We want to gain flexibility but not through pain and discomfort, right? So actively strengthening is and uh, stretching is so much healthier I think. So I'm pressing my leg into my hands, feeling it very deep in these muscle fibers all the way through the back, almost even into my bones. One more. All right. And then just take the leg down and just see if you, you know, how your legs feel there together. So let's do one exercise from the mat program that invites a little bit of that. Um, active stretching and I'm going to choose the scissor, which might be kind of common, their common sense. And today let's do it.

Not even worry about lifting her head in her chest up. Alright, so knees up, legs up, hold behind a thigh. And again, I don't want, it's not this leg that we're concerned with so much as this one. So as I start to lower the other one, keeping in balance, it's my top leg into my hands. Two pulses, one to swap, one to swap, push into the hands, pushing in the hands. So it's a very different scissor than we're used doing. This one where we're pulling and pulling and pulling and pulling. There's nothing wrong with that. If you can coordinate this active hamstring work with that traditional, uh, look at it, absolutely go for it.

And it might feel like you gain, uh, and, and have more achievement in the scissor pretty quickly. I'm going to go for four more after this one. So here we go. One, two, three. I don't know if you can tell, but I have definitely scissored more am an arrest. Okay. So that's just one example of a hamstring stretch that has more active component than passive. You can pretty much do that with any muscle group in our body. And I will tell you someone else on this website who does a lot with this as Anthony let and look for his classes that he already has and look for future classes and just play with that. Give some feedback. If you have any questions, I'd be happy to answer and give you my take on it. And until next time, thanks for watching. Bye.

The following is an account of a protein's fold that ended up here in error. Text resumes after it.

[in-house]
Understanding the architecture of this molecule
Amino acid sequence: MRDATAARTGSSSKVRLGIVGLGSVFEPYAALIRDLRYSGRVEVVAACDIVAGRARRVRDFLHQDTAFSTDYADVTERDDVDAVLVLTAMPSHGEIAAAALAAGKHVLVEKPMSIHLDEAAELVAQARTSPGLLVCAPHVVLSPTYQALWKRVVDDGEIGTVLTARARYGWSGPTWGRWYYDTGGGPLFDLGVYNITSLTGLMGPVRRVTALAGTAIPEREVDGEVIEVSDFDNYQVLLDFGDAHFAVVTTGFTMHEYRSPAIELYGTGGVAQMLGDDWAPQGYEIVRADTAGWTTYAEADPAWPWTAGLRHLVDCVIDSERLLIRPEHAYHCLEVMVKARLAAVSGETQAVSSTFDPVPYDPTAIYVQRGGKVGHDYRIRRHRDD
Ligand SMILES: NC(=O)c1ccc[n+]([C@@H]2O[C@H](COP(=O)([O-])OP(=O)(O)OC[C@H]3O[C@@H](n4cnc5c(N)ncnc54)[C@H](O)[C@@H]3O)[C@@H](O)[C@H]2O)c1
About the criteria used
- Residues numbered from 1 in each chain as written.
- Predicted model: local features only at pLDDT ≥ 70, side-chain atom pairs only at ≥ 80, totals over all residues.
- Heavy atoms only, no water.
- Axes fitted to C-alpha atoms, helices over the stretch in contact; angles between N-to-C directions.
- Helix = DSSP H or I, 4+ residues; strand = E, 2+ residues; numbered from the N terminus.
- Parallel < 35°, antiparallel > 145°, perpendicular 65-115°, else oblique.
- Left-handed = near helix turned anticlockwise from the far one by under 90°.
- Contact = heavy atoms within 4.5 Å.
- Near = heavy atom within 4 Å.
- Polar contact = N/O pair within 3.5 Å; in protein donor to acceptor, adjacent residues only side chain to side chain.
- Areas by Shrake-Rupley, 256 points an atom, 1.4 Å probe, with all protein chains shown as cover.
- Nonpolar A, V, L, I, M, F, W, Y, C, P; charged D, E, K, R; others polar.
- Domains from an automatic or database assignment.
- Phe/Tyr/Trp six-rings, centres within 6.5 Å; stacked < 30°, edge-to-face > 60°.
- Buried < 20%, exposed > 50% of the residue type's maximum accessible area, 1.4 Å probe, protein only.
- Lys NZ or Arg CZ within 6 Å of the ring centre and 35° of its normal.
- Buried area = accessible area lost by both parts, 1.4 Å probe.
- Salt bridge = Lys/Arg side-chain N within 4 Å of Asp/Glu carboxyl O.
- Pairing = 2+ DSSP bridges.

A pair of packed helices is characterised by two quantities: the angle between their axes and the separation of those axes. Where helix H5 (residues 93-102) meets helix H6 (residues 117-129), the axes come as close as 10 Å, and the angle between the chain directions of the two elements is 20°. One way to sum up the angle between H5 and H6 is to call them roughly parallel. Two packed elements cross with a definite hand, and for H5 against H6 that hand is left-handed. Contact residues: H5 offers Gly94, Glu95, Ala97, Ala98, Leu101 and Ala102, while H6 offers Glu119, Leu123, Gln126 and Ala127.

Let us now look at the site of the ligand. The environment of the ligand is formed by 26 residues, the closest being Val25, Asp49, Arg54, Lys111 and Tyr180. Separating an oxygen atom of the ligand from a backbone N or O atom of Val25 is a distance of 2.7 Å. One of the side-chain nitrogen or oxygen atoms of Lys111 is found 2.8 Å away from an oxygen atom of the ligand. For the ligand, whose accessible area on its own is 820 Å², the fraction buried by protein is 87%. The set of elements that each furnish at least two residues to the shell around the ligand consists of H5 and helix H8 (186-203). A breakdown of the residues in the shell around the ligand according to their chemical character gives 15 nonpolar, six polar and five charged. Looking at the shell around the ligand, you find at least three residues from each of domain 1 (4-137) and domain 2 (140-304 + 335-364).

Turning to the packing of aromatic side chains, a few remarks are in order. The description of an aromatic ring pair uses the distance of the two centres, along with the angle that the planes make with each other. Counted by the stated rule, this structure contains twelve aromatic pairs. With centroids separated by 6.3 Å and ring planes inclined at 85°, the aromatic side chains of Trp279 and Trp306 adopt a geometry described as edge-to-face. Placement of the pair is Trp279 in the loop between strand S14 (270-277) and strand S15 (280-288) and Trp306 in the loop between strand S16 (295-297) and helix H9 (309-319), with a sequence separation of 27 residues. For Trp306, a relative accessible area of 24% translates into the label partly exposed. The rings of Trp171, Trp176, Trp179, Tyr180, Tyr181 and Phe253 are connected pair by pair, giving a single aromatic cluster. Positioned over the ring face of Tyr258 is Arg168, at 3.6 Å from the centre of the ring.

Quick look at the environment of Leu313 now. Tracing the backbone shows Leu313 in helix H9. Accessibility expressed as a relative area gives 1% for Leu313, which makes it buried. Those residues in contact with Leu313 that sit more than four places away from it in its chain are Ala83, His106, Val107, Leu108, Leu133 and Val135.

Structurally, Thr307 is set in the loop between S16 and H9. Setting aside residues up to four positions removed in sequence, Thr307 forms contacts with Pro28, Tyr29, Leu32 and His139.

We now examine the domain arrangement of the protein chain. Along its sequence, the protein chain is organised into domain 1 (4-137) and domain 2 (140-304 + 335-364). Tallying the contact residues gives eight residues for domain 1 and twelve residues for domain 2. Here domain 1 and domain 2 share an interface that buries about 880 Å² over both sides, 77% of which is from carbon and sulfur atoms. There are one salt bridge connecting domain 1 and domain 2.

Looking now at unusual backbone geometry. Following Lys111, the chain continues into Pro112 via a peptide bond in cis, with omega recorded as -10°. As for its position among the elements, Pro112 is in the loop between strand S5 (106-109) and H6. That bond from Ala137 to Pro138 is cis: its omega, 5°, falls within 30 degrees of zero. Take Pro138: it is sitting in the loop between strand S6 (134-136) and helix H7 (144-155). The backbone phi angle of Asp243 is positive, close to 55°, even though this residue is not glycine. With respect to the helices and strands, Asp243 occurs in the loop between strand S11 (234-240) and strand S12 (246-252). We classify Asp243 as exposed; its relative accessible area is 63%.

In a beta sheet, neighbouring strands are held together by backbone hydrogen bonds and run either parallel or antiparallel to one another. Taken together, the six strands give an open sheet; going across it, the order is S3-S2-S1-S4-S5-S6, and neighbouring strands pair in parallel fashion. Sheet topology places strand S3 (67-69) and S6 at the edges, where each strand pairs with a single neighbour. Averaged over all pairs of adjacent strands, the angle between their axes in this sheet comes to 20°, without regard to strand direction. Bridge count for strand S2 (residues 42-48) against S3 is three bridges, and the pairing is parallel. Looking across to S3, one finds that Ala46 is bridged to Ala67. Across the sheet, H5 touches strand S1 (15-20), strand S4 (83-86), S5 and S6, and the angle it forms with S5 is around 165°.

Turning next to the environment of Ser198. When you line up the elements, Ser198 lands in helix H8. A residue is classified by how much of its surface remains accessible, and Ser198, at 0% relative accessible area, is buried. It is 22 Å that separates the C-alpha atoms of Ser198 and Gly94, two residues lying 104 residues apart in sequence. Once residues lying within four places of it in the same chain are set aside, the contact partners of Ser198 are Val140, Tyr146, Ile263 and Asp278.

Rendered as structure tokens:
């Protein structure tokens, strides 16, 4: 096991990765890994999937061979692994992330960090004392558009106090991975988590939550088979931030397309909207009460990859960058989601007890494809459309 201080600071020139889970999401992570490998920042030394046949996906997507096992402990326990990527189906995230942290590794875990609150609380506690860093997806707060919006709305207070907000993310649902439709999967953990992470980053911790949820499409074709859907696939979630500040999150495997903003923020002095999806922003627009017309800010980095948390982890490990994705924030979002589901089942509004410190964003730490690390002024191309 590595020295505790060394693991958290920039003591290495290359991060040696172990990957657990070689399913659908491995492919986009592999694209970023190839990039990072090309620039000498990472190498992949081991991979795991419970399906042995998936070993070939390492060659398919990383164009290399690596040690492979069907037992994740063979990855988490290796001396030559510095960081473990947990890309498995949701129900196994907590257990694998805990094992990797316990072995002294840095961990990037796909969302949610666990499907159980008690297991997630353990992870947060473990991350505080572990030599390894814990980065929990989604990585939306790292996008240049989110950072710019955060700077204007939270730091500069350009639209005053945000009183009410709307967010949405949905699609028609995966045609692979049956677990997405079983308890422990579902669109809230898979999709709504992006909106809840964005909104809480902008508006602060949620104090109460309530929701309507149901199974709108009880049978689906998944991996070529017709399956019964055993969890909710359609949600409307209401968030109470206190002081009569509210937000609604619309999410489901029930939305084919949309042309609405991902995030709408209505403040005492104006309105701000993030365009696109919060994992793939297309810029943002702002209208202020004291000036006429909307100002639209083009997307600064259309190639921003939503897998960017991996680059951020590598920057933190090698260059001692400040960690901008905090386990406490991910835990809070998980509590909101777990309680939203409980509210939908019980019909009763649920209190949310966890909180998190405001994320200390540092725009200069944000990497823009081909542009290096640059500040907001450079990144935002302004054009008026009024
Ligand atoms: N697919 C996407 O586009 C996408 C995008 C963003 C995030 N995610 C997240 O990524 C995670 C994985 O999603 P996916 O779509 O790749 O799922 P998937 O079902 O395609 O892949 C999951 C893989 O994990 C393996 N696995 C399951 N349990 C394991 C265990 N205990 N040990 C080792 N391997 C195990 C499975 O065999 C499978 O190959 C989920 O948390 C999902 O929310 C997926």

Great piece Amy!
2 people like this.
perfect explanation for someone that doesn't have a fitness background or instructor training :)
Thank you Amy!
big difference!
Thankyou, very good.
Thanks All! Keep it up!! :)
1 person likes this.
i felt immense pain/discomfort in the back of my knees...also my shoulder/neck area was tense while trying to hold onto my leg...
1 person likes this.
Pilates Tot......my first response in reading this is.....and if I would have been in person with you I would have said, "stop---if you feel pain, stop". Stretching past comfort level can be uncomfortable, but pain----in my book----isn't great to work through. Regarding the neck and shoulder tension......this could maybe be avoided by bending the elbows a little bit (if you weren't). Again, without seeing your form in person, I can really speak to what you may have been experiencing. One suggestion if you were to try this active hamstring stretch series again would be to use a yoga strap/belt maybe to allow for a bit of leverage with your arm support and holding of your leg. You may be able to approximate your shoulder position easier for less tension in your neck and shoulders.
I'd suggest that apart from a yoga strap/belt (or a folded stretch band) you use a couple of head cushions to prop you up and ease the neck strain.
Yes, I agree too Lena.....